After my second secret shopping of the area, I came away with mixed feelings. To be clear, I did not find any deals that made it seem worthwhile to shop there. The few times I was shown nice diamonds, the prices did not seem to be in line with what I found on the web. I will get into specifics later, but I just couldn’t find a diamond to warrant the trip to the diamond district for this purchase.
On the other hand, I was impressed that most of the slimy tactics I saw on hand in the past weren’t being used. The last time I secret shopped the diamond district, I was helping my sister get a pair of earrings. I was overwhelmed by the amount of schemes people tried to pull. Virtually no diamonds had legitimate certification (I should note that I was buying large diamonds, not smaller diamonds where certification is not as important) and many of them appeared to be artificially enhanced without them mentioning it to me.
This time around, I was happy to see that district cleaned themselves up. The overwhelming majority of diamonds we were shown had GIA certificates. Many of the diamonds shown to us were obviously “strops” that they were trying to get rid of. But overall the quality of the diamonds were ok.
As expected, there is very little “added value” to the experience. It’s not a luxurious experience. There is no brand recognition, or upscale in-store experiences. They have one angle to sell you one: price.
What was unexpected was that the people were not as aggressive as the last time I visited the street. In fact, we were generally met with very little enthusiasm or even antipathy. Also, there were quite a few empty counters and storefronts. Even some whole exchanges seemed to have closed.
Ariella and I visited about 15 counters or shops in several of the exchanges (as well as some standalone shops). For the purpose of this article, I will focus on the three best options I found. All of them were GIA certified and excellent cuts.
The first choice was at one of the counters in an exchange. After going back and forth, they showed us a nice 1.07ct G SI2 in a pave setting for $8,500. The inclusion wasn’t particularly great (I noticed it easily and Ariella, a novice, noticed it after a little inspection), so I will try to compare apples to apples here. I found a similar setting on Blue Nile for $1,330. I added this 1.04 F SI2 from Blue Nile for comparison. Adding them together and your bill comes out to about $6,119. So you are looking at a savings of almost 30% buying online over buying here.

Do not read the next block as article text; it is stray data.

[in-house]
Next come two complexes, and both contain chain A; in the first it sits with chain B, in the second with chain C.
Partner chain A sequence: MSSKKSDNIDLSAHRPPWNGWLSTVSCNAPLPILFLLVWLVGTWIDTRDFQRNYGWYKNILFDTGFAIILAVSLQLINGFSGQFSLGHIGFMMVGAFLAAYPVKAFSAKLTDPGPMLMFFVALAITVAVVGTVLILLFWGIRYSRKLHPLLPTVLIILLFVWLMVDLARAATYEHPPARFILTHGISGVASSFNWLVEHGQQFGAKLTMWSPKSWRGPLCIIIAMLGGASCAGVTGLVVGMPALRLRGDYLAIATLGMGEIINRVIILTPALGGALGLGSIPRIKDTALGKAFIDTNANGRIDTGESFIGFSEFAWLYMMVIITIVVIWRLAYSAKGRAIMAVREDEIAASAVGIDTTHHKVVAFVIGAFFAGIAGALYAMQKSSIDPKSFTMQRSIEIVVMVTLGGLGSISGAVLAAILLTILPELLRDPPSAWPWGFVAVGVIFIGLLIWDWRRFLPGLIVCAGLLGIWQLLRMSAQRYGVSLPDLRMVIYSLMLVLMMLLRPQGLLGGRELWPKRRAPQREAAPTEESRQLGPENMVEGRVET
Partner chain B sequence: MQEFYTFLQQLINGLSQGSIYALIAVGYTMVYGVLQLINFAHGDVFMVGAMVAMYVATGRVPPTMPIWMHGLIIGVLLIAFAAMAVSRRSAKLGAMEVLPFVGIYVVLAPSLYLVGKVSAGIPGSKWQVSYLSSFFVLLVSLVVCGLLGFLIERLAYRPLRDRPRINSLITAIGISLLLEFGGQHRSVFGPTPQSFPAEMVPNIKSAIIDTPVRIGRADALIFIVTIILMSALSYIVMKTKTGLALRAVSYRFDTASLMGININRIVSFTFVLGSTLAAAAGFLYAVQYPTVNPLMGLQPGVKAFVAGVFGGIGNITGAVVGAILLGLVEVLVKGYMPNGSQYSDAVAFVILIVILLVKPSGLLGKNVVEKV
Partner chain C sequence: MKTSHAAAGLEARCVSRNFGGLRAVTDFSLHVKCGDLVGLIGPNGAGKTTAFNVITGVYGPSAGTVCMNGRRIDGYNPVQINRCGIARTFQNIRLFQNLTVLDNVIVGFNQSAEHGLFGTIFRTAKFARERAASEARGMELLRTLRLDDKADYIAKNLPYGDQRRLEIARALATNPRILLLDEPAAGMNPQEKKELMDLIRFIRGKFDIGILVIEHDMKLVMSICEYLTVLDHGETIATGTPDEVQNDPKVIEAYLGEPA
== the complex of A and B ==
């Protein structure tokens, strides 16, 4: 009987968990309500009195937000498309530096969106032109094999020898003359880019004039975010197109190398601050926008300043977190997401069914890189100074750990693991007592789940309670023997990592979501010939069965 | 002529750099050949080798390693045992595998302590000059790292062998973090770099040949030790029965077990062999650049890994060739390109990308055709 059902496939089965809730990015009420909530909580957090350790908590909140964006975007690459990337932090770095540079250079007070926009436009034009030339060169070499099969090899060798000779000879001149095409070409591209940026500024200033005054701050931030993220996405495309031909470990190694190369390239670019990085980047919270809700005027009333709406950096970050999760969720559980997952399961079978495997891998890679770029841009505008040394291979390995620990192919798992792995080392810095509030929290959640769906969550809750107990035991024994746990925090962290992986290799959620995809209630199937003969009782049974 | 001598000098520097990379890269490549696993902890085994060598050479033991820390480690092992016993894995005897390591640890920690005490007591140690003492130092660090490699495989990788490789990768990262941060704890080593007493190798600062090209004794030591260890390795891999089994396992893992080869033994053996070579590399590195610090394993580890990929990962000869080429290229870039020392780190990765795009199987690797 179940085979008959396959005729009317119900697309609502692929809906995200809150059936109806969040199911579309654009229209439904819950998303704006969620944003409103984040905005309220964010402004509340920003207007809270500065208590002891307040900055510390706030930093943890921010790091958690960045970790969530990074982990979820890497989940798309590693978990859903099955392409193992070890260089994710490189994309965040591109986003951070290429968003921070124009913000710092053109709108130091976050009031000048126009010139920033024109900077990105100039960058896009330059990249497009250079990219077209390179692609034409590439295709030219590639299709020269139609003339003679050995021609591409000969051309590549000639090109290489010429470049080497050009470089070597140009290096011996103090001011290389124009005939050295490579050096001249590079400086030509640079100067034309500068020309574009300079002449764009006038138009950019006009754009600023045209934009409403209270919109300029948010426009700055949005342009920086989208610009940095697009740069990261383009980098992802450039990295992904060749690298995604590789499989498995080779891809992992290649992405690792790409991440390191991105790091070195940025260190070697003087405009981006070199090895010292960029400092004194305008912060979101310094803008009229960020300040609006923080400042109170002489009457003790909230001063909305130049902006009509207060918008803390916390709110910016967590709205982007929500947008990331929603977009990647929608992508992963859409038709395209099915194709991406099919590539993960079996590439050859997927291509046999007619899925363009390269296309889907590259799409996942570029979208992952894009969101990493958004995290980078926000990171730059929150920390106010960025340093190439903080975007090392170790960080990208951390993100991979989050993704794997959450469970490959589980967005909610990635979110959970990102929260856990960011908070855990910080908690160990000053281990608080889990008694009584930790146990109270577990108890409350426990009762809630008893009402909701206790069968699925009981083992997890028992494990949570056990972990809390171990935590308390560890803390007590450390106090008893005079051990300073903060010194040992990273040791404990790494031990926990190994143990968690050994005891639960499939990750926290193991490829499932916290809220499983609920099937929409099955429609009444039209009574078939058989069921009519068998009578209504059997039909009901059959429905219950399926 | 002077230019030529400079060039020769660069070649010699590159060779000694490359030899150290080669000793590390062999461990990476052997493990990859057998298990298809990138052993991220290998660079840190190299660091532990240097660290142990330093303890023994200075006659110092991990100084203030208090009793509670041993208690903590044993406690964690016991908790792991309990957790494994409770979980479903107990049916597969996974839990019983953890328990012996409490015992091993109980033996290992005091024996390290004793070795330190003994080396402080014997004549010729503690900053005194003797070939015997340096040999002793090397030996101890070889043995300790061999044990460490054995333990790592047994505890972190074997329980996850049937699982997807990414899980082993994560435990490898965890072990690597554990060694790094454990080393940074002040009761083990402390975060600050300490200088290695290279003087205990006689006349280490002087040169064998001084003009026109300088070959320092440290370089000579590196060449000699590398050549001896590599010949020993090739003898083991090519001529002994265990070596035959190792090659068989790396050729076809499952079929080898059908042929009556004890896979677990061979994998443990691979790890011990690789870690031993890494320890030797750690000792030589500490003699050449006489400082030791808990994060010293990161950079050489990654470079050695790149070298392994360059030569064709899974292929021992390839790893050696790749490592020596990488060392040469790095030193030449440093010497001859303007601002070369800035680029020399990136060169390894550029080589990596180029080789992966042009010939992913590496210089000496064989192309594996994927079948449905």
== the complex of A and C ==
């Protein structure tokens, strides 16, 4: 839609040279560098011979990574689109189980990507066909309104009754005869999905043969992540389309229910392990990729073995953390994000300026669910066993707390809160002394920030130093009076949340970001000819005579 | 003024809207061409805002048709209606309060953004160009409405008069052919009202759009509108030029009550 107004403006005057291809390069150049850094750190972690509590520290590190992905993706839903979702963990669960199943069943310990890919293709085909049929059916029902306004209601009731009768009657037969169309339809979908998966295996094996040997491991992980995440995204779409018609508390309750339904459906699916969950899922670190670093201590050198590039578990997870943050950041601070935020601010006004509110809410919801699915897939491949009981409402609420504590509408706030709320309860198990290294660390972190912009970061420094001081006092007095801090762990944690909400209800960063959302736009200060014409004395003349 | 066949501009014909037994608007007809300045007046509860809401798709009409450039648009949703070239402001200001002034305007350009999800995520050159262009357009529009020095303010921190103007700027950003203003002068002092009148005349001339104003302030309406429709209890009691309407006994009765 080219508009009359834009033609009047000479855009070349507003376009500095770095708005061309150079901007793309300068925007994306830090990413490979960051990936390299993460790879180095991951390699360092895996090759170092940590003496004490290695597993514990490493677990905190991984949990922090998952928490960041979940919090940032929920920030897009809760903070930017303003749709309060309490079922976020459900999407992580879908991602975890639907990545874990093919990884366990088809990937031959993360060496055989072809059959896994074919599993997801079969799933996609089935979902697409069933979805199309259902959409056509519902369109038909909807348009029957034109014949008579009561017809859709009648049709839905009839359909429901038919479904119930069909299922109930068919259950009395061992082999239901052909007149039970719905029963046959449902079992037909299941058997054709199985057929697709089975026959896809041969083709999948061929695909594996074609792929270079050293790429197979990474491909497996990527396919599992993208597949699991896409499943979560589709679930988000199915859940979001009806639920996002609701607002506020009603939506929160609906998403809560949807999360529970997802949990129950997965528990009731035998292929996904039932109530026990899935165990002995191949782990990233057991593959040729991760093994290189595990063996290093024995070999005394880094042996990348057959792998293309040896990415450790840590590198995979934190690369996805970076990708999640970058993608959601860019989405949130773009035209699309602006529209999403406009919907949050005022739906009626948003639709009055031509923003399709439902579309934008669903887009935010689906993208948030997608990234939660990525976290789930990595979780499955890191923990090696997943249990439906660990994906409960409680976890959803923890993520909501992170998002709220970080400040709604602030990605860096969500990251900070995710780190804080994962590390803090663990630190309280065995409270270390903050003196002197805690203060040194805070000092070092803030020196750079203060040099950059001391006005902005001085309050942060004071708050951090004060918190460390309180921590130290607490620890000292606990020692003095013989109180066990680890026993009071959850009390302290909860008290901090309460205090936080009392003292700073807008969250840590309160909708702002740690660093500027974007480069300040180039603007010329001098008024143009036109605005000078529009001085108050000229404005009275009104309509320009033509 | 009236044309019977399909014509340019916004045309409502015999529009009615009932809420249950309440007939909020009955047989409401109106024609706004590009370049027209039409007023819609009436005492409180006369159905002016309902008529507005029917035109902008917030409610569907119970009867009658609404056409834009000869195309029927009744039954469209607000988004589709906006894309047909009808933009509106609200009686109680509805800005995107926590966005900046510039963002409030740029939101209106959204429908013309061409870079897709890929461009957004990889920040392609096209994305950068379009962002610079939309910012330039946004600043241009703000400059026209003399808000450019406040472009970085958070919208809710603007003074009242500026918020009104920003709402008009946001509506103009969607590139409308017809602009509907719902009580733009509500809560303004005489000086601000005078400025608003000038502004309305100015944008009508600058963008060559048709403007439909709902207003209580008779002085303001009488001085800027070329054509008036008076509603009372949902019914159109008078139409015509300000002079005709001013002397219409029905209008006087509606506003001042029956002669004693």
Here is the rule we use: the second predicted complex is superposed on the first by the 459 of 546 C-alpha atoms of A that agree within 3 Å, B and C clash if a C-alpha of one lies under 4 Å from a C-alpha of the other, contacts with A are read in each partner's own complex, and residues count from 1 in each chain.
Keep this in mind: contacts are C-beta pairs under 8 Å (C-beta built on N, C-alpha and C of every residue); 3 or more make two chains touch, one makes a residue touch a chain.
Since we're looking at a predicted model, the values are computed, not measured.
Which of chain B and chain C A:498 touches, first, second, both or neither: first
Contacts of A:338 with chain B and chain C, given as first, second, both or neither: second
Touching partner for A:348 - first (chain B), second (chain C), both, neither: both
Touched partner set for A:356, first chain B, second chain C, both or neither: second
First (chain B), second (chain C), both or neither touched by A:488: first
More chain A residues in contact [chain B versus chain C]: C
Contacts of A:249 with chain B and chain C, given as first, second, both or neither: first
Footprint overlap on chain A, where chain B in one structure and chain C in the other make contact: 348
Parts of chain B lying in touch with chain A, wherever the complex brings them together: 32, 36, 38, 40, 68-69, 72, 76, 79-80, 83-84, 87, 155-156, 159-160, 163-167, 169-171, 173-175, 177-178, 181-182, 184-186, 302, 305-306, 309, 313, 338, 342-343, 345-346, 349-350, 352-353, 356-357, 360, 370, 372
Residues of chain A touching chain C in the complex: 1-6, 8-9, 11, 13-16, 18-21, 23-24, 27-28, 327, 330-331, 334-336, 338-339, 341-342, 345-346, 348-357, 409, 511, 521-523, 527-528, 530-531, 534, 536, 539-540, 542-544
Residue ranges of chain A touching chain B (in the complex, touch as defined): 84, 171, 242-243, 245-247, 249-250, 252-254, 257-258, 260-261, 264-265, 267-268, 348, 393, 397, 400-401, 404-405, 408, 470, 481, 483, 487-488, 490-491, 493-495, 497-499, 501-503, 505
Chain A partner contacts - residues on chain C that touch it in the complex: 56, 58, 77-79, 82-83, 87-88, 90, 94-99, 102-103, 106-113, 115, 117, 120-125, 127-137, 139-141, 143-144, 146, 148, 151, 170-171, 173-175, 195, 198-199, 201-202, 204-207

After wandering a bit more, we ended up in a standalone store. Here we were shown a 1.53 E SI1 in a very simple pave setting for $15,800 (after some negotiating). There was a small black inclusion, but otherwise the diamond looked fantastic. The setting was similar to this one from James Allen. Adding this comparable diamond and you’ll price out at $13,255 or about 20% cheaper.
The last shop we visited before calling it quits had some nice diamonds. The first they showed us was a 2.00 F SI1. The cut was a bit off (a little deep and the angles are off as you can see from the GIA report) but the inclusions were nice. Another issue was the medium fluorescence. The price though, was a very steep $22,000. Here is a nicer diamond from Blue Nile coming in more than $4,000 cheaper.
The other diamond they pushed very hard was a 1.65ct H VVS2 for $16,632. This diamond was actually gorgeous. But again, the price is very high. Here is an identical diamond from Blue Nile for only $13,936.
It just seems like they don’t bring enough to the table. They are not a rip-off, but you seem to be paying a premium for no added value.
The New York Diamond District is a great tourist place to visit. It’s a unique experience where you can people watch and window shop at the same time. There is something alluring to sounds of the negotiations in the exchanges. But when you get down to it, there just doesn’t seem to be much of a reason to buy a diamond there.
As we explained above, the companies were not competitive on price. Why go through the headaches of shopping around in area that has no frills and the best deal you are going to get is still 20% more expensive than you can find online. It just seems like the best way to maximize your budget would be to shop online at a reputable retailer like Blue Nile or James Allen.